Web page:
Tuesday, September 28, 2010

Metrics That Matter

In my Web Manager University course, “Delivering Great Customer Service – Essentials for Government Web Managers,” I do a section on “metrics that matter.” I often start by asking folks if they collect performance data.  Heads nod.  Then I ask them what they do with it - how they use it.  Most use stats to track page use, unique visitors.  But if I ask them how they measure customer service...well, I usually get blank looks.

Gosh, I remember so well struggling to figure out how to measure the web’s impact on mission achievement and trying to decipher what all that data was telling me, when I managed HUD’s website. We got tons of statistics, spent a year using the American Customer Satisfaction Index (ACSI), had a contract with Nielson Netratings for awhile, and did a little usability testing. All right things. But how do you rack up all that data to find out if your website really is providing great customer service?

The truth is that many web teams haven’t identified specific customer service and mission completion objectives to measure. What to do? Step back. Pick just a few really important things to measure, pick just a few really good measures, and follow through. Use those metrics that matter.

The process is common sense.
  1. Start by identifying a handful – and I mean 10 or fewer – of key objectives for your website. At a minimum, 6 of those objectives should be the 6 governmentwide Customer Service objectives identified by the Federal Web Managers Council.
  2. For each objective, figure out 3-4 key performance indicators (KPIs) that will tell you whether or not you’re achieving the objective. Don’t get down in the weeds. Keep it simple.
  3. For each KPI, decide what data you need to collect. And I encourage folks to collect data in different ways, from different sources – statistics, usability testing, customer service surveys, writing quality reviews, etc. But don’t over-collect. Enough is as good as a feast.
  4. Collect and analyze the data to establish a performance baseline.
  5. Pinpoint places where you can improve customer service; and establish performance goals, like reducing time or improving the percentage of successes or reducing errors.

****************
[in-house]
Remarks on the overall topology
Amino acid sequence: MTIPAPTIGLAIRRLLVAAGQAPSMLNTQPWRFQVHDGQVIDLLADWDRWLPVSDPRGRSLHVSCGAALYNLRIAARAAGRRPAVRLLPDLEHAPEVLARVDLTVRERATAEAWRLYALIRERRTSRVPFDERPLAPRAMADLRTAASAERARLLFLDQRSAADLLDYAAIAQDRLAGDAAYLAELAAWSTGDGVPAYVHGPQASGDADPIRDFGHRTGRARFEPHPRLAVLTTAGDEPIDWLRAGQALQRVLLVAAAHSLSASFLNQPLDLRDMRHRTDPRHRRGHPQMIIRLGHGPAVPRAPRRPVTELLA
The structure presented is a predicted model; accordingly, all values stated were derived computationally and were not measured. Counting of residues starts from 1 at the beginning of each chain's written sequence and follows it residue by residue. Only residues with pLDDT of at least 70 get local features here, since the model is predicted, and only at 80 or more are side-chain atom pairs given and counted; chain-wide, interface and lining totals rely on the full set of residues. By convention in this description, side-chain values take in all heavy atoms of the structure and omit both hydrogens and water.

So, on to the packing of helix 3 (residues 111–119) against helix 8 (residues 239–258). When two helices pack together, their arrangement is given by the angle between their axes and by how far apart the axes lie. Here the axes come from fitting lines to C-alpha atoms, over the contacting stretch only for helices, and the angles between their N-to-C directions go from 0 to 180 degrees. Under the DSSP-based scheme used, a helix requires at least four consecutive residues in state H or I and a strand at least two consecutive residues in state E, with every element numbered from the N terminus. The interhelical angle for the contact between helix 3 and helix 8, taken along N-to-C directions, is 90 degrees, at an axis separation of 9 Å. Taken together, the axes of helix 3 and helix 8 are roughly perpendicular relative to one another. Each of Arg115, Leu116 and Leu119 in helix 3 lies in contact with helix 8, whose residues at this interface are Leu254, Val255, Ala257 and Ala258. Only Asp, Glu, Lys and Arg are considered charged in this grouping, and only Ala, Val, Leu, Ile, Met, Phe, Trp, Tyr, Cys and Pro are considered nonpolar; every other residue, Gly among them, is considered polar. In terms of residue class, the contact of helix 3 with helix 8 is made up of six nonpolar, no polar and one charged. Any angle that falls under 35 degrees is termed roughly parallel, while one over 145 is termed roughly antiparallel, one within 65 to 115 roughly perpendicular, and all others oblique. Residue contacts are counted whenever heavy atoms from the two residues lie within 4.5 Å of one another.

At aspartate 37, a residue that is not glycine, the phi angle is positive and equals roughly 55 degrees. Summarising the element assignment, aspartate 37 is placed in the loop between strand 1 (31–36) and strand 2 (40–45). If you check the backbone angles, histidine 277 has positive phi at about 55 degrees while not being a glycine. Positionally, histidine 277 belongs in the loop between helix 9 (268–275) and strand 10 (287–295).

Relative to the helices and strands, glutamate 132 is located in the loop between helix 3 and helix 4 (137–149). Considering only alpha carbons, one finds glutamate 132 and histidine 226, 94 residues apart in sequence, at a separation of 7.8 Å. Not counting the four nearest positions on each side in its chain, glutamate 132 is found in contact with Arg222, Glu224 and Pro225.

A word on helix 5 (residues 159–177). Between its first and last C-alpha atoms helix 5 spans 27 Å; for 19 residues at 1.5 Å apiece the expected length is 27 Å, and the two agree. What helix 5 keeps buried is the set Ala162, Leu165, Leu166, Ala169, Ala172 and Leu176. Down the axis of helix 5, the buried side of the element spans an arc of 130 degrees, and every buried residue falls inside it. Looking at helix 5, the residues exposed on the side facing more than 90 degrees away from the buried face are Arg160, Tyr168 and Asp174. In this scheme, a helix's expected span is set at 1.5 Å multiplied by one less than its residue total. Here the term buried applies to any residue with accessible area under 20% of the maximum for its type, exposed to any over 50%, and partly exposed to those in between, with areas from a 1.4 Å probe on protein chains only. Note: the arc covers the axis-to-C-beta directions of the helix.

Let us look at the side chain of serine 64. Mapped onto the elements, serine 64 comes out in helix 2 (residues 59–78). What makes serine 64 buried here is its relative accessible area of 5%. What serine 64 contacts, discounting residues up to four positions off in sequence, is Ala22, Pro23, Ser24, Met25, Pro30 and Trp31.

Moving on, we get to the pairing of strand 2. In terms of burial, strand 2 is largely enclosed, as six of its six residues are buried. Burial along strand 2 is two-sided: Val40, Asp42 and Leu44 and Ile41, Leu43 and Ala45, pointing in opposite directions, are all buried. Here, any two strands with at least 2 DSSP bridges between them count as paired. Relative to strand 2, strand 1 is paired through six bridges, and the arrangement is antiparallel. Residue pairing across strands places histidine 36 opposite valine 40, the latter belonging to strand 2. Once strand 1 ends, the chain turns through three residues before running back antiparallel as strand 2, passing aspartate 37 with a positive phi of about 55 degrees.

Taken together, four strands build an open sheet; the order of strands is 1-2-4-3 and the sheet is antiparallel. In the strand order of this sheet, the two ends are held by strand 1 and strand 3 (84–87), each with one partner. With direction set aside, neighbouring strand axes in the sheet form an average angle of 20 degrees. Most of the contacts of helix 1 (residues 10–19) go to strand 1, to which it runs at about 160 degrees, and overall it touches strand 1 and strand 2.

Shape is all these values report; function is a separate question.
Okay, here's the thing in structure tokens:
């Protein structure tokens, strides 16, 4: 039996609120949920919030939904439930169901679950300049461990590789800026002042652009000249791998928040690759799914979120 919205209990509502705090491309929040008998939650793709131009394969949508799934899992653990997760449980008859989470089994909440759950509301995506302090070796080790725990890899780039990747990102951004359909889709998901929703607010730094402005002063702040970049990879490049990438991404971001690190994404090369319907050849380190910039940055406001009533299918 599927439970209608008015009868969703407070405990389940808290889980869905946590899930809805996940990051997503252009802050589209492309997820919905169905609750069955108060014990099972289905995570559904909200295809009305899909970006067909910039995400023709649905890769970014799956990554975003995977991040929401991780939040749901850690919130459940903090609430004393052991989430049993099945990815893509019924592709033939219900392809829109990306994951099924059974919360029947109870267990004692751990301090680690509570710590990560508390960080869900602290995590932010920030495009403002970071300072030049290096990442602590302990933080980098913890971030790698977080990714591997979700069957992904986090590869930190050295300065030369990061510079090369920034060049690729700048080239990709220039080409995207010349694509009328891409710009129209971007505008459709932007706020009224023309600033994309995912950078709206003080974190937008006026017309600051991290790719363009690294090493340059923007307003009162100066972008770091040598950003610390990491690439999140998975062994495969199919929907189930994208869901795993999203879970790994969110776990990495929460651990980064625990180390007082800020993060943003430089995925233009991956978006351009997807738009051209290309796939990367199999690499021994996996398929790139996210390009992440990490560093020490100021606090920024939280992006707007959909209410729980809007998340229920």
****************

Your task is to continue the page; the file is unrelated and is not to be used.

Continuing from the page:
6. Make incremental improvements, and collect and analyze data again. And again. And again.
  7. Report your findings to your web team, your bosses, your agency, and – in the spirit of transparency – the public. Explain the problems in terms of their impact on customer service. And let everyone know what you’re going to do to fix the problems. Let everyone know that you care about making your website as useful and usable as possible.
Sounds easy, doesn’t it? It’s not. It takes hard work to figure out those KPIs and make sure you get the right data to measure them. And it takes time and dedication to analyze the data, decide what you can do to improve, and make improvements. But gosh – this is so important. This is how you make your customer service the best that it can be.

Too often, web teams/agencies collect too much data. They get overwhelmed. They have trouble focusing on the biggest problems.

Or they don’t follow through. How many times do you think to yourself, “I know we’ve got a problem here – the data says it – but we don’t have the time or money to fix it right now.” So you keep collecting data that tells you the same thing. It’s a waste of time and money, not to mention a disservice to your customers.

Or they collect data first and then try to figure out what it measures. “Gee, we’ve got this great stats package giving us all this information. Hmm…what can we learn from it?” Doesn’t it make more sense to decide what you want to measure first and then find the data that will help you?

Or sometimes we think the data tells us something it doesn’t. For example, customer satisfaction surveys are important and are one great indicator about the effectiveness of your website. But they don’t give you facts about efficiency – they only report people’s feelings and perceptions about your site. I’ve heard people say, “oh, this site is so pretty and professional-looking. I love it.” But then you watch them use the site, and they have a hard time.

OK – so here’s an example of the way it should work. Let’s take FWMC Customer Service Objective #3: (Customers) should be able to complete common tasks efficiently. How do you measure that?